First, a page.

Then I place my toast on my favorite plate and butter it lightly. The toast; not the plate.

At this point I go downstairs to the family room (or upstairs to the guest bedroom, depending on my mood) where I will situate myself comfortably either in my favorite chair or on the bed.

Yesterday I went upstairs. As usual, smelling toast, Javier followed me.

Since the bed on which I planned to sit is too high for him to jump onto, I helped him up.

But first, naturally, I placed my toast and coffee on a table beside the bed.

Then I forgot I'd left my phone downstairs in the kitchen.

So I went to get it. I was gone twenty seconds. If that.

WHEN I RETURNED guess who was at the edge of the bed, straining as hard as he could toward my plate, LICKING MY TOAST?

You got it right the first time.



I barked his name. He jumped back. I glared. He cowered.

"It must be true what they say, that you are what you eat, because buddy, you are officially toast," I said.

"Well, officially I'm only butter," he thought. I KNOW he thought it.

"Either way that was a crummy thing to have done," I said, not willing to let a dog have the last word.

Then, not wishing to discuss it any further I picked his carcass up and carried it downstairs and deposited it outside where he remained until we left for prayer meeting, at which point he was allowed to be in the sunroom.


Unfortunately, recidivism is pronounced in Chihuahuas.


Happy Thursday! Keep a weather eye on your toast!


Born free but didn't die that way

Since I'm the Columbia Cemetery Examiner (that's a writing gig), I constantly dream up new ways to write about cemeteries and what's in them.

Not the human remains, but what remains of our human story long after we've checked out.

So it was the other day when, while researching something quite different, I stumbled across a PDF booklet about Penitentiary Cemetery in Columbia.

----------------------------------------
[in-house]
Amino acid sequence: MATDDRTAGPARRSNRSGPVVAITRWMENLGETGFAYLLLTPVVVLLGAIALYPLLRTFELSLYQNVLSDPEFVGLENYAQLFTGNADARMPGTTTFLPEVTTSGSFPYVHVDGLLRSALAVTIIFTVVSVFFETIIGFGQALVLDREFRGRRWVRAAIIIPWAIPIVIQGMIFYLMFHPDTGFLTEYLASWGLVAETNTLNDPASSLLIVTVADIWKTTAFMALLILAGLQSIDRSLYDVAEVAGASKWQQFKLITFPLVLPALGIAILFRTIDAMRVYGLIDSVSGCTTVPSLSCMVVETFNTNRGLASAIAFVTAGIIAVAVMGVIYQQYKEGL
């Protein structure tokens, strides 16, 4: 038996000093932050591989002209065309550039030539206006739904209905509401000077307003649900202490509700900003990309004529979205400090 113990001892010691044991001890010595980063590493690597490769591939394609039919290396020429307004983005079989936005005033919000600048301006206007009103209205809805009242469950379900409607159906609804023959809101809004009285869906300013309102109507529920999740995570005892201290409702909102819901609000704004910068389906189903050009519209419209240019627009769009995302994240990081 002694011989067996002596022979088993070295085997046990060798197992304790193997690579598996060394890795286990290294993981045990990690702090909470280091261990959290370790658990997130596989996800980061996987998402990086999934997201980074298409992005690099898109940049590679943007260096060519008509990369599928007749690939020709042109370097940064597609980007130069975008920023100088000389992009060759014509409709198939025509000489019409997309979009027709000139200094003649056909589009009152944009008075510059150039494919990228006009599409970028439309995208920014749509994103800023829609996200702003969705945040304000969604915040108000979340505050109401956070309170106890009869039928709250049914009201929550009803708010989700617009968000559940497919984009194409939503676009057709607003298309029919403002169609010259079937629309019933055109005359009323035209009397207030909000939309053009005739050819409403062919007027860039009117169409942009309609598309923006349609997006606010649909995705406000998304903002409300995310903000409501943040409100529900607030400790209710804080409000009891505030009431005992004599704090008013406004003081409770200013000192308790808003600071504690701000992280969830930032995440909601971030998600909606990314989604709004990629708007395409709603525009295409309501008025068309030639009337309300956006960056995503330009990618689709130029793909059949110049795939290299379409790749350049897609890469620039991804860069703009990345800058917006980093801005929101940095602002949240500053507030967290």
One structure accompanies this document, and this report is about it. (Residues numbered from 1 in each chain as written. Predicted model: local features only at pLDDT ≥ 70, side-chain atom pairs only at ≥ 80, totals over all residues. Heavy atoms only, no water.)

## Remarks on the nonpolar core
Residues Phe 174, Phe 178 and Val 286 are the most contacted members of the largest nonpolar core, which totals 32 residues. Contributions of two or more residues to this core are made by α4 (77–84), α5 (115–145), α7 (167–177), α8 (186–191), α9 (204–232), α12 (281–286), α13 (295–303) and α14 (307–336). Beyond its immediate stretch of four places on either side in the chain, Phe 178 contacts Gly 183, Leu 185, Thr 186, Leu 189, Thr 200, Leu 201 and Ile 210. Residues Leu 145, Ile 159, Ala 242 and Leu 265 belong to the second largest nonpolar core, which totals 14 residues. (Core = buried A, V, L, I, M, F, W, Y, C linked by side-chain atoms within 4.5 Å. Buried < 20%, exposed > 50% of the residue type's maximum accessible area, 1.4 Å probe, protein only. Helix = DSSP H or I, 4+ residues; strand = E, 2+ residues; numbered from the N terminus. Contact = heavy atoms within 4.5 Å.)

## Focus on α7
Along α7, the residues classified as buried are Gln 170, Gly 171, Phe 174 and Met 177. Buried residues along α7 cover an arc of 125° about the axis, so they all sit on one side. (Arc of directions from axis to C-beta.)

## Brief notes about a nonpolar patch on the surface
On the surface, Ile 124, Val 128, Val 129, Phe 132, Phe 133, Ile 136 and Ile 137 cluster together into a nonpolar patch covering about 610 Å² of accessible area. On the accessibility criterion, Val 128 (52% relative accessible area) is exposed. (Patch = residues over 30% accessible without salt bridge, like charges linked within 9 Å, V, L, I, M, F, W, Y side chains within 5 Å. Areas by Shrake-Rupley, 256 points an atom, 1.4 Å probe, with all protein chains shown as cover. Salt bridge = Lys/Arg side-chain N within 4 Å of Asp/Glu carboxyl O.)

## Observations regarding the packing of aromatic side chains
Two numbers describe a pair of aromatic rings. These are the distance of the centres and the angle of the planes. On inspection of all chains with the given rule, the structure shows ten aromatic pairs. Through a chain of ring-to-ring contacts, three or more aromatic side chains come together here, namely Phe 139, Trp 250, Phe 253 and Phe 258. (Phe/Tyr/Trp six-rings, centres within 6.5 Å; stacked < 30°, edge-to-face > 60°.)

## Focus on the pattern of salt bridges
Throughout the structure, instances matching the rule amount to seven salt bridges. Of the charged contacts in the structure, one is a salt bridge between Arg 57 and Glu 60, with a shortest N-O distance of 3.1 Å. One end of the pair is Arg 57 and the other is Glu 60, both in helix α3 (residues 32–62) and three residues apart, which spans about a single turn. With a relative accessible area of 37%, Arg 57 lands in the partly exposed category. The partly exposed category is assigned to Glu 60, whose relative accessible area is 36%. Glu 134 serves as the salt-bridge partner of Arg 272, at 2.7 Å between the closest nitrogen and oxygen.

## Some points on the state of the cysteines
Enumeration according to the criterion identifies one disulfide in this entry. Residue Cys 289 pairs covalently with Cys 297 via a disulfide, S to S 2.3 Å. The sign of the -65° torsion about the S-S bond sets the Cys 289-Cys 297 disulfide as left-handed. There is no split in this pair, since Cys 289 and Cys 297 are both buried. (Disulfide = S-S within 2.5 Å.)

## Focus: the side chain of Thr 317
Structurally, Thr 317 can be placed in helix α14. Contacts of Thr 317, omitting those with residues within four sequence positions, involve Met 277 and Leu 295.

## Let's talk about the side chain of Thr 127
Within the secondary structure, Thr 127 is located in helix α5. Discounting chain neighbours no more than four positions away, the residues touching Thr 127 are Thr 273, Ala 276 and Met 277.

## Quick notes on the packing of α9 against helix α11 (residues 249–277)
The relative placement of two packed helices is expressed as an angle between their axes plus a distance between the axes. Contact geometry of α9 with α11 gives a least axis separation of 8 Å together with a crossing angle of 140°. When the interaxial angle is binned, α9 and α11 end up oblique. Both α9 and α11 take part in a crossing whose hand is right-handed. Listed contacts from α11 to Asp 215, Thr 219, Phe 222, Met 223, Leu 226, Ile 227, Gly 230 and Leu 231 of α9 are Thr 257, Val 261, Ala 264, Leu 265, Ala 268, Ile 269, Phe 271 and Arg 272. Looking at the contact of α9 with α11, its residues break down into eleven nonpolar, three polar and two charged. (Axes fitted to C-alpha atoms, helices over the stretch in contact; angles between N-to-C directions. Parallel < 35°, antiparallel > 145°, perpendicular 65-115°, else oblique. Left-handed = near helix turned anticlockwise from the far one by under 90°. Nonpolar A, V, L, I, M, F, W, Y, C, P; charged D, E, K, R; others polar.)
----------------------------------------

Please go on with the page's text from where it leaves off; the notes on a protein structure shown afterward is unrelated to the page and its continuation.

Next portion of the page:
I downloaded said document forthwith and have perused it several times.

Of particular interest to me was the existence of these cemeteries (there are two that I know of in Columbia).

They're exactly what they sound like: where state officials inter those who die while incarcerated. Provided, of course, family members neglect to claim the remains.

The cemetery at Broad River Correctional Institution less than six miles from my house hasn't seen an interment since 2000. Nowadays if you're not claimed, you're cremated.

What happens next, I don't know. I'm almost afraid to ask but I will ask.

I plan to go over there within the next couple of days.

But yesterday TG and I tooled over to Penitentiary -- or State -- Cemetery, which hasn't seen a burial since 1987. It had been in use for nearly a century prior to that.

There isn't much left. Vandals have stolen lots of the metal plates and parts of stones, especially those related to inmates who died by execution. What's extant is in bad condition.

But the grass is kept nice and the location is peaceful. If you can find it, that is.

I often go to Elmwood Cemetery, a 168-acre parklike burial ground established in 1854, to walk and take pictures. It's visible from I-26, a five-minute drive from downtown Columbia's geographic center.

But until yesterday I didn't know that Penitentiary Cemetery lies a stone's throw from Elmwood, down a very rutted and washed-out dirt lane accessed from Elmwood's extreme northwest boundary.